The following story is shared through highlights from an Asbury Park Press article on wish kid Klara’s wish to have a purple Action Trackchair, the 10,000th wish granted by Make-A-Wish New Jersey. It was written by Jerry Carino. Follow him on Twitter on @NJHoopsHaven.
It’s a simple thing that most of us take for granted: the ability to hike through the woods.
For 8-year-old Klara Pederson, who uses a wheelchair due to a rare muscle disease, it was just about impossible.
With 100 well-wishers cheering at the castle that serves as its headquarters, Make-A-Wish Foundation of New Jersey presented Klara with an Action Trackchair Wednesday. The specialized all-terrain wheelchair “breaks down so many boundaries,” her father Darren Pederson said.
The heartwarming scene has replayed over and over throughout Make-A-Wish’s 35 years of operation in the Garden State. But Wednesday’s presentation was extra special: It marked the 10,000th wish granted by this chapter.
“How grateful are we in New Jersey to be one of the leading Make-a-Wish chapters because of the generosity of this fantastic New Jersey community?” said longtime president and CEO Tom Weatherall, who lives in Brielle. “The one thing that gets me and our staff up every morning, one foot already on the floor, is to keep a streak going that’s been going on in New Jersey for 35 years – we’ve never said no to a child because of lack of funds.”
According to foundation officials, the average cost of wish in New Jersey is roughly $10,000. The base model of the Action Trackchair retails in that neighborhood. For a Klara Pederson, whose family lives on a wildlife preservation in Mantua, Gloucester County, it will open a new horizon.
“Klara has been very dependent on us for mobility in the outdoors,” Darren Pederson said. "So really now she can be a typical 8-year-old kid playing outdoors, fishing, camping, hiking.”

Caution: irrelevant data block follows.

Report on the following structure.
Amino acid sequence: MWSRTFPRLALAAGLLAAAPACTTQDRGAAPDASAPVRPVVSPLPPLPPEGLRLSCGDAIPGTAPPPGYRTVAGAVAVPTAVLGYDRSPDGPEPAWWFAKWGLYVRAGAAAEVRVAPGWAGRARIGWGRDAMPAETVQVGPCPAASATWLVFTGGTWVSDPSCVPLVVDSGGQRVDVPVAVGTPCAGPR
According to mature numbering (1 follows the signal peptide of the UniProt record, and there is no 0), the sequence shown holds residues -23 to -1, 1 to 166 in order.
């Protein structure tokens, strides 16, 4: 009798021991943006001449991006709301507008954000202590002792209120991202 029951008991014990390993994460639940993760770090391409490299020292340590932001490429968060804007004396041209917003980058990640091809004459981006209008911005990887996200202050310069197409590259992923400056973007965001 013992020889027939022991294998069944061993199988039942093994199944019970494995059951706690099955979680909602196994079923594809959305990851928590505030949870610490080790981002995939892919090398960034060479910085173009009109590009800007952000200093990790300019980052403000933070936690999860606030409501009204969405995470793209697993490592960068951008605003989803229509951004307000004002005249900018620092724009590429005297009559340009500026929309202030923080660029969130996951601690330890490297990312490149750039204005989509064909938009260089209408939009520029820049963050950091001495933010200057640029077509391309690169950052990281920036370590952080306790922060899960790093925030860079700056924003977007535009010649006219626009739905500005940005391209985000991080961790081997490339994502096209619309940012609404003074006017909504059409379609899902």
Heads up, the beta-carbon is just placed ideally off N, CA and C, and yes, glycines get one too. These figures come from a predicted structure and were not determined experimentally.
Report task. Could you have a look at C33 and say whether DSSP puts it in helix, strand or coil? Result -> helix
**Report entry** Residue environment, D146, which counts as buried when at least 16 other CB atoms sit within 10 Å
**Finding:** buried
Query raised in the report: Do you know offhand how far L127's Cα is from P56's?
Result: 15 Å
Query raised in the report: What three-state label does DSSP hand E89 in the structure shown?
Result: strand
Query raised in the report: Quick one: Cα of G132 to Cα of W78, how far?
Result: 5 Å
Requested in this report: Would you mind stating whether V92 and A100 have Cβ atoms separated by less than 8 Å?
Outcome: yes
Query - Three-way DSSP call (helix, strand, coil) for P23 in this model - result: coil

Make-A-Wish New Jersey granted 530 wishes in the most recent fiscal year. Children who qualify for a wish are between the ages of 2½ and 18, and have been diagnosed with a critical illnesses. They are not necessarily terminal.
Most of their wishes are travel-related, but a good amount are practical like Klara’s.
“Disney is one of our dearest partners; that represents about 45 percent of our wishes,” Weatherall said. “So a wish like this helps educate the public that we’re more than Disney, and we’re more than cancer, too.”
It’s worth noting that among the crowd of well-wishers at Wednesday’s presentation were six “Make-A-Wish families” – previous beneficiaries. That added an extra wrinkle to the milestone moment. Klara’s parents learned a few weeks back that they would be No. 10,000, but that was revealed to their awe-struck daughter Wednesday. Five giant balloons spelling out the number reinforced the message.
"The whole thing was unbelievable enough,” Darren Pederson said, “but then to be that special wish, it makes it that much better.”